When culture and faith collide . . . nothing is sacred
In the Aboriginal missions of far northern Australia, it was a battle between saving souls and saving traditional culture.
Every Secret Thing is a rough, tough, hilarious portrayal of the Bush Mob and the Mission Mob, and the hapless clergy trying to convert them. In these tales, everyone is fair game.
At once playful and sharp, Marie Munkara’s wonderfully original stories cast a taunting new light on the mission era in Australia.
‘told with biting wit and riotous humour’
Judges’ comments, Queensland Premier’s Literary Awards (2008)
I intended to read this book for the 2015 Australian Women Writers challenge, but as I realised I had read it before, that was not to be.
However, in the spirit of the challenge – and because it is a must-read, and excellent with it – I am including this as an extra review.
Every Secret Thing is written as an account, told by anecdote, of the development of the relationship between the bush mob and the mission mob – the latter have set up the mission somewhere in northern Australia, not too far from a town referred to as Big Joint, with the purpose of Christianising and “civilising” the bush mob.
The various anecdotes tell, humorously, disputes and misunderstandings between the bush mob and the mission mob, and within each, with everyone’s flaws exposed and with the joke generally being on the mission mob – at least at first. The kids confound the visiting Bishop with their logic (why would Adam and Eve eat the apple instead of the snake when the snake would taste better?); Augustine and Methuselah outsmart Brother Michael and make off with various livestock in The Brotherhood; Pwomiga gives deliberate, and hilarious, mistranslations in Wurruwataka.
But as the book goes on, the stories become more and more bittersweet. The dark undercurrent which is evident from the beginning, such as oblique references to child sexual abuse, become stronger and more explicit, such as the story of Tapalinga and Perpetua, two members of the Stolen Generations, in The Garden of Eden. And the ending, which I won’t spoil, is very black indeed.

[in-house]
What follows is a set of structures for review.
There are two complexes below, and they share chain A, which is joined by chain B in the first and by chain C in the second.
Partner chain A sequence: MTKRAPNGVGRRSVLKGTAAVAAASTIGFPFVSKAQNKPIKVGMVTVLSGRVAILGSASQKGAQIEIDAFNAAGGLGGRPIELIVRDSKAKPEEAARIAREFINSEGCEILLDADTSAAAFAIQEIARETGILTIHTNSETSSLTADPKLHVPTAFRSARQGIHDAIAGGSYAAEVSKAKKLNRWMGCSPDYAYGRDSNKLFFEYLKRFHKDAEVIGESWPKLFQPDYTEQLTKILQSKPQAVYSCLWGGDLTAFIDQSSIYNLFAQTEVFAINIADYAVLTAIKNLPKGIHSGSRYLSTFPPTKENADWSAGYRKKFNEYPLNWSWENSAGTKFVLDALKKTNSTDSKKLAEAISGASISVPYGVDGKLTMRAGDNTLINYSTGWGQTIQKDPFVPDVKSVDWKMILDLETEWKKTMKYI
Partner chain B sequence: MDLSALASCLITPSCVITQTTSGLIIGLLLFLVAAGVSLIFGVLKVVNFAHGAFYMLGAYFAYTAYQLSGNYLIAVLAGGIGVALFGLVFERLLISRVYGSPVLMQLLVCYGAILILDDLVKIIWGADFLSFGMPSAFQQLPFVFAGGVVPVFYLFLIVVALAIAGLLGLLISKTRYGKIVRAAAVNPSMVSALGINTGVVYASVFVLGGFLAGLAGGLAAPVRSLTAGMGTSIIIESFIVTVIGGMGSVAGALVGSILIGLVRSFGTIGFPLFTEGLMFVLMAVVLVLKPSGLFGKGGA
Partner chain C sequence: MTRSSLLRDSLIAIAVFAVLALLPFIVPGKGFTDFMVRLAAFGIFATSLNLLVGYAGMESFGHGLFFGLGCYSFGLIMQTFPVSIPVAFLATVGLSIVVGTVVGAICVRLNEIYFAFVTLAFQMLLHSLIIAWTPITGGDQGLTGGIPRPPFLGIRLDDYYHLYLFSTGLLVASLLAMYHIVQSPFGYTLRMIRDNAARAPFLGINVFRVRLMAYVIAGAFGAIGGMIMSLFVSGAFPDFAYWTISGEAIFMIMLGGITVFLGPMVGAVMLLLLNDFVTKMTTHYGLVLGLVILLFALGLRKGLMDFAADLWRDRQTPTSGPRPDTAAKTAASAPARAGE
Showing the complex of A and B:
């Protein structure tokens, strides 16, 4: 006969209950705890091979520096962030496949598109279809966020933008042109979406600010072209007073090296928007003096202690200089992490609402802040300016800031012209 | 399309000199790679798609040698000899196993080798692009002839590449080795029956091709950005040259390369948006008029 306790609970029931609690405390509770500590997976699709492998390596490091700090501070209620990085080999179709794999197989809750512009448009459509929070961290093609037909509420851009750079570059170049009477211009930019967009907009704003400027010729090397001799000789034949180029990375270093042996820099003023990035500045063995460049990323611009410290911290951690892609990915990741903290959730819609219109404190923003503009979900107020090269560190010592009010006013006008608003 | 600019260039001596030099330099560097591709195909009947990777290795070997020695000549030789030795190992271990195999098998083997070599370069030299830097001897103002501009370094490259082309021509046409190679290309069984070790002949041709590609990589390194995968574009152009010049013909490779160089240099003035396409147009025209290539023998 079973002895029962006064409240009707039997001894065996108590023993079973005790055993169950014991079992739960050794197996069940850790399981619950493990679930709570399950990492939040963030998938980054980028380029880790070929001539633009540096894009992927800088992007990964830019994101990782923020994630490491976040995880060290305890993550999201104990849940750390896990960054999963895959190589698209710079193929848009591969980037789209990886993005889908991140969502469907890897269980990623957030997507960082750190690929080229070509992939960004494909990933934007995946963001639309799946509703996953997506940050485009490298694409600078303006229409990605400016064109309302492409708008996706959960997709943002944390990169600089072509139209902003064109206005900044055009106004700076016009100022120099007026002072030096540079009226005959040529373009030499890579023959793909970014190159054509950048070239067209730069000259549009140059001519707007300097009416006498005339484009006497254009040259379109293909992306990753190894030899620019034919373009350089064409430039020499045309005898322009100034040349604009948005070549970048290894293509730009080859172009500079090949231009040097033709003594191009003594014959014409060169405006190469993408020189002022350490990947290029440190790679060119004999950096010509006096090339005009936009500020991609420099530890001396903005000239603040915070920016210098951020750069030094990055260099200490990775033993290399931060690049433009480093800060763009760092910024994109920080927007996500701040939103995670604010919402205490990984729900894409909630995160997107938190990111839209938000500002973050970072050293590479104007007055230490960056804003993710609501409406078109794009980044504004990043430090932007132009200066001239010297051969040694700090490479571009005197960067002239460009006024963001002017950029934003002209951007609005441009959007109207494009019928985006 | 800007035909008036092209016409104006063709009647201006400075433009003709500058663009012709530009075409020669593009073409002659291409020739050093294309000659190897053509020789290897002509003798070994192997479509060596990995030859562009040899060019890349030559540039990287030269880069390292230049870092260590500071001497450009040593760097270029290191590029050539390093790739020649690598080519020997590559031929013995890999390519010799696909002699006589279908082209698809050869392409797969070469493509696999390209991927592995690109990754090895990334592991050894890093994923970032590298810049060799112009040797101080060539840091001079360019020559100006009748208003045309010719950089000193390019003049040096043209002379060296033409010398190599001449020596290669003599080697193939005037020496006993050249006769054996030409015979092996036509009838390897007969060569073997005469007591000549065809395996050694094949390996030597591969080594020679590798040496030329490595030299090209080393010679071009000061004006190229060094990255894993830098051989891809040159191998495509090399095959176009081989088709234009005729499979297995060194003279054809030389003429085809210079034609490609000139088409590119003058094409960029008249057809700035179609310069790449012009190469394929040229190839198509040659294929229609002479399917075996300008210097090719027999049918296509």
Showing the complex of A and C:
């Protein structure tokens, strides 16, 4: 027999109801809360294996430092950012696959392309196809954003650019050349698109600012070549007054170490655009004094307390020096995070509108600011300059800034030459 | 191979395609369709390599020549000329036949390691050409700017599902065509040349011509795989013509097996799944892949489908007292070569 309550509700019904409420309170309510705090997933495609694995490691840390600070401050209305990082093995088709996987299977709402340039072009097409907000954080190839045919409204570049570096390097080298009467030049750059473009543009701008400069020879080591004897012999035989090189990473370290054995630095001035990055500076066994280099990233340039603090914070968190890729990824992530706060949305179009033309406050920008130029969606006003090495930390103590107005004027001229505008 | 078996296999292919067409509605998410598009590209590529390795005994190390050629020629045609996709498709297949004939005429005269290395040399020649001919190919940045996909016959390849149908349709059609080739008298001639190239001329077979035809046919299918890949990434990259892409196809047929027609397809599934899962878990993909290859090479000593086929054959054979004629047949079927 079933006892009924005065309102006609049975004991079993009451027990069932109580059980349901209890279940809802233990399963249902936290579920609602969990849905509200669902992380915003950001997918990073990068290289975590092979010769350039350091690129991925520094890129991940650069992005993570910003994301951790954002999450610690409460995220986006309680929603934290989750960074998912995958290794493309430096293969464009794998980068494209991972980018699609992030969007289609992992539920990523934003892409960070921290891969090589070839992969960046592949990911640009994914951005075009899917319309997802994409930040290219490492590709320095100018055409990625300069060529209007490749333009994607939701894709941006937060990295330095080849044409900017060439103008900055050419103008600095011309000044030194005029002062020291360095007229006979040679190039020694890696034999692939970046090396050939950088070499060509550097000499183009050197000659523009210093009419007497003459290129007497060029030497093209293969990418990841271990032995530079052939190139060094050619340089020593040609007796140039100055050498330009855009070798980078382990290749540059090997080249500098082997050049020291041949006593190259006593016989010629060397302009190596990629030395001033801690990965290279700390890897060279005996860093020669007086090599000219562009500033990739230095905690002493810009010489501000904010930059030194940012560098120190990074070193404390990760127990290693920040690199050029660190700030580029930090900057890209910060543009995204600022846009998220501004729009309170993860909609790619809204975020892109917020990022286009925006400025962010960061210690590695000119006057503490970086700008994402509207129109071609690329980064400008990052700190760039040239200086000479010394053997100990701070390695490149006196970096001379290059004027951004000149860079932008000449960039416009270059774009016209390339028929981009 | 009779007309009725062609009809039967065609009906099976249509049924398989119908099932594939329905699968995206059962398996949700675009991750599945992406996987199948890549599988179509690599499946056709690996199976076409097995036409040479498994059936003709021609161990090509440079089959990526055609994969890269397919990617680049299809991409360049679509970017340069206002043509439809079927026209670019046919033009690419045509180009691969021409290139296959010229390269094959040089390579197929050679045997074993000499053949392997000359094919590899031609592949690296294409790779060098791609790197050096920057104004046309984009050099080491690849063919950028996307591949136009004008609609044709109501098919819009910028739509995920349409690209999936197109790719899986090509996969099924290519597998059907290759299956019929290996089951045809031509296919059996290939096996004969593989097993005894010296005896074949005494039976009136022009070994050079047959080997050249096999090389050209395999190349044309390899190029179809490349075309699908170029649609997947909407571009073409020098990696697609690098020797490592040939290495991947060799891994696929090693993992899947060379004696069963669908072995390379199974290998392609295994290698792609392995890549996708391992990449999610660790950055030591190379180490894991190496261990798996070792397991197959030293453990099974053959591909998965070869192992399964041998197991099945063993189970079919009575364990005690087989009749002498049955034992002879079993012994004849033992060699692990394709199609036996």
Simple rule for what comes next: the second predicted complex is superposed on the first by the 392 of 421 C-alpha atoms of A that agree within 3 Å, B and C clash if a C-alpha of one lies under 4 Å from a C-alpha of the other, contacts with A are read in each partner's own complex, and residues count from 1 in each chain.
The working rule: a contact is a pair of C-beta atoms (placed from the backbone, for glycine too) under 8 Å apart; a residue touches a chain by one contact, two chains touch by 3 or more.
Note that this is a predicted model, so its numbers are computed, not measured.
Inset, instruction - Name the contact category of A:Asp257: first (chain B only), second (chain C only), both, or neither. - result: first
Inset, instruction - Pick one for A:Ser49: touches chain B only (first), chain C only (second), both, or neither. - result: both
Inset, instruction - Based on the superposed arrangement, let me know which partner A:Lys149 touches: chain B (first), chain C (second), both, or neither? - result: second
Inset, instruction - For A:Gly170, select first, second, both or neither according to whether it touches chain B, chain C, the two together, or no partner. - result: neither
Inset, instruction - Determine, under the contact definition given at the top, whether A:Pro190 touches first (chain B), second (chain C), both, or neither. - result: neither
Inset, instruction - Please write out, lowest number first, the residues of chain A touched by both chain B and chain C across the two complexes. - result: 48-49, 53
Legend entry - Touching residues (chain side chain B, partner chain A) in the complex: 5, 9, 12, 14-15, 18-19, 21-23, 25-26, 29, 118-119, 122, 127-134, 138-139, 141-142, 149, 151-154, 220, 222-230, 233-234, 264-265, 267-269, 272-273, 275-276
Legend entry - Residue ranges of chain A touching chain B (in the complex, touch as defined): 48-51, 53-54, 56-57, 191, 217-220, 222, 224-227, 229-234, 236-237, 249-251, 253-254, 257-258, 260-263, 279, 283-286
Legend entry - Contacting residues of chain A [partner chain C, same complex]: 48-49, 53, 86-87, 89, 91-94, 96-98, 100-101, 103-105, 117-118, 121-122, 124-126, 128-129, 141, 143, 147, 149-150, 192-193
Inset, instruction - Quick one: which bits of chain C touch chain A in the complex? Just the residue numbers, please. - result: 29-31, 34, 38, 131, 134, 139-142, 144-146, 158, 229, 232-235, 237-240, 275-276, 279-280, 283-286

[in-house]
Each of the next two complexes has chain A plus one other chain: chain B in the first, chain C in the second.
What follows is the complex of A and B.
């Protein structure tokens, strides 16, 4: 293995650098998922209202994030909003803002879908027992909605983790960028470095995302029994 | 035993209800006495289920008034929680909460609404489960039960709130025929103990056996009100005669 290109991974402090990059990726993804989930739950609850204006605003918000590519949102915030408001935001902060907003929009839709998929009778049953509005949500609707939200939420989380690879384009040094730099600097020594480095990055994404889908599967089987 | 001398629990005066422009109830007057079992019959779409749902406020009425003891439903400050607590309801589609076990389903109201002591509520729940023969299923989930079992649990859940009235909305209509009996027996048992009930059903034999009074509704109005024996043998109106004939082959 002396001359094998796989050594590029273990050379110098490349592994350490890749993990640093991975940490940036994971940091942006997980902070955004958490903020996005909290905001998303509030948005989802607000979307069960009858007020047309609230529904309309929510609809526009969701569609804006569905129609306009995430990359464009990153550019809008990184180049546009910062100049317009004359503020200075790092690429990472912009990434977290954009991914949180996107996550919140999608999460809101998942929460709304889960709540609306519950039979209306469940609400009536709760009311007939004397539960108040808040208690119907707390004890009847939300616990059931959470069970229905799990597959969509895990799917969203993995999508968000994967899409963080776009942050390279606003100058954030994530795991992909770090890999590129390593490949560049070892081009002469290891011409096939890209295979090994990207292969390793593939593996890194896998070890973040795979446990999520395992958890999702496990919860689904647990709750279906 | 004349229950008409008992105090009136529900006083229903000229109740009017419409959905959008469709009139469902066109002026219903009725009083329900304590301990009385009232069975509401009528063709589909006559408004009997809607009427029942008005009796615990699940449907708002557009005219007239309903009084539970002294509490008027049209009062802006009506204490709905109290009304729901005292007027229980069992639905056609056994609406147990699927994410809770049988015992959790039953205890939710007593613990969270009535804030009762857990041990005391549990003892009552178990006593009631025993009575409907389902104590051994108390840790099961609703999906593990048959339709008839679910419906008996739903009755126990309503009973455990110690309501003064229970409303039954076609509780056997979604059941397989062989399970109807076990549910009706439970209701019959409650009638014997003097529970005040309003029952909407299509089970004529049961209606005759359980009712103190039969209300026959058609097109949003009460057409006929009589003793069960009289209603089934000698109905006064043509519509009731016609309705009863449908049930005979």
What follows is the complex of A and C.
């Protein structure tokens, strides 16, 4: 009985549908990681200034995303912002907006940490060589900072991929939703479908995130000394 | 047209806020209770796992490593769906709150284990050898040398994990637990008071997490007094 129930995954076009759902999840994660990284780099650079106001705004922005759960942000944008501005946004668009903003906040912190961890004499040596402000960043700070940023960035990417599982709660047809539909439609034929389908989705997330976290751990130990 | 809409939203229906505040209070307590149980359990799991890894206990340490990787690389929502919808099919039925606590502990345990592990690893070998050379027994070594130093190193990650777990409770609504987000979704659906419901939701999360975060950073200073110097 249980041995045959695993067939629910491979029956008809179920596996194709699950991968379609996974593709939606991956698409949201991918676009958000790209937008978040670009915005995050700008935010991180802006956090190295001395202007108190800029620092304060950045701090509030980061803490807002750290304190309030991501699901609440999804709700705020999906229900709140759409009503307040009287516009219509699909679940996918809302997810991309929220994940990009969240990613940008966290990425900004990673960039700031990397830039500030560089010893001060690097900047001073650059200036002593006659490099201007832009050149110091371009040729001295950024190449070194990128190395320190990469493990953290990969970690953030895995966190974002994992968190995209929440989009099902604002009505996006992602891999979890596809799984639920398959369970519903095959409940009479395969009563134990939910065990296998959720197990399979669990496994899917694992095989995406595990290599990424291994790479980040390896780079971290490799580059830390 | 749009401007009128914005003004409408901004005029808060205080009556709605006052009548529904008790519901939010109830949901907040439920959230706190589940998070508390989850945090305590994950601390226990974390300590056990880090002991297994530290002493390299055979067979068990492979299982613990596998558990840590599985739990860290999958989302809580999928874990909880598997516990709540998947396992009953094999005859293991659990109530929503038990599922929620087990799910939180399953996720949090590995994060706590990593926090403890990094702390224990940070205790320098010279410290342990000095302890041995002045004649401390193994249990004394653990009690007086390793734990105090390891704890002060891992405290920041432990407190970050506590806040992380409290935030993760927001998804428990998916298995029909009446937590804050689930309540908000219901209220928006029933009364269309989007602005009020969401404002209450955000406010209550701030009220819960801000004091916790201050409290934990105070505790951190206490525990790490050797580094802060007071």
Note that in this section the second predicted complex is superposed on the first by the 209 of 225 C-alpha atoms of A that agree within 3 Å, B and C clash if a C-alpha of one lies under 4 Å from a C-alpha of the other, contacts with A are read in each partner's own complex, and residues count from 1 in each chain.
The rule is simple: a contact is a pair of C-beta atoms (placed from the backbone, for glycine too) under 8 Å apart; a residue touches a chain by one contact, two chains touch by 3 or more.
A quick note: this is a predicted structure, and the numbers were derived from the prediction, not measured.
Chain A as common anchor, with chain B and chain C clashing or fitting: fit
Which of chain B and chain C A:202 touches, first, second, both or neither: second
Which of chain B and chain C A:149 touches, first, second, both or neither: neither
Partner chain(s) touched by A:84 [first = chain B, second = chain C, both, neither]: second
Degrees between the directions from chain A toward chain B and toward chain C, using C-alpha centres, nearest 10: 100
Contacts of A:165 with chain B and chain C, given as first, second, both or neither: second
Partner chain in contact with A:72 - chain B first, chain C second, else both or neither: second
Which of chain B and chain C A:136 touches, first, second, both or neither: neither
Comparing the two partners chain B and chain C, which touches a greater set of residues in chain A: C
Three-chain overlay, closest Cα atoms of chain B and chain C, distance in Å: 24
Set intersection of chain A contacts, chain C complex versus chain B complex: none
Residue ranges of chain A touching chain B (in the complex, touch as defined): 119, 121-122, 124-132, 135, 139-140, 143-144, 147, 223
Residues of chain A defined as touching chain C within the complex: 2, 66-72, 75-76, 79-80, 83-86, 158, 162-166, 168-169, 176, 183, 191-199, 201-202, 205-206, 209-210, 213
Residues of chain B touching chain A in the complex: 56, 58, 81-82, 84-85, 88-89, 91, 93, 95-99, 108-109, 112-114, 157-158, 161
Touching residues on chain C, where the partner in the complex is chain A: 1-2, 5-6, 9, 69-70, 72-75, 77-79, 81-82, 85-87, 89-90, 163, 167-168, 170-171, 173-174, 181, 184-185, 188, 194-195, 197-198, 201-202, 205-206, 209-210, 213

We have far too few stories about the mission mob/bush mob interaction from the perspective of the bush mob. What I think is particularly valuable about a book like this is that it treats the bush mob’s life pre-mission-mob as the baseline, and the interactions with the intruders, the parts of European culture/industralisation the bush mob accept or reject are explained, and make sense, in that context. For example, if you have always cooked over an open fire, why would you automatically recognise an oven as a device for cooking as opposed to a convenient storage space – or den for newborn puppies? To my mind, this is an effective method of refuting the proposition that Aboriginal Australians and Torres Strait Islanders are (or were before the coming of the white man) backwards, uncivilised, stupid and lawless. And whatever else, it is refreshing to start from this perspective instead of the perspective which uses the European Australian attitude as the default position.
This was a book I was very pleased to read again, and it is a book I think is a must-read for all Australians.
This is an extra review for the 2015 Australian Women Writers Challenge. You can see my full list of books here. You can find a full list of my reviews, and other posts relevant to the challenge, here.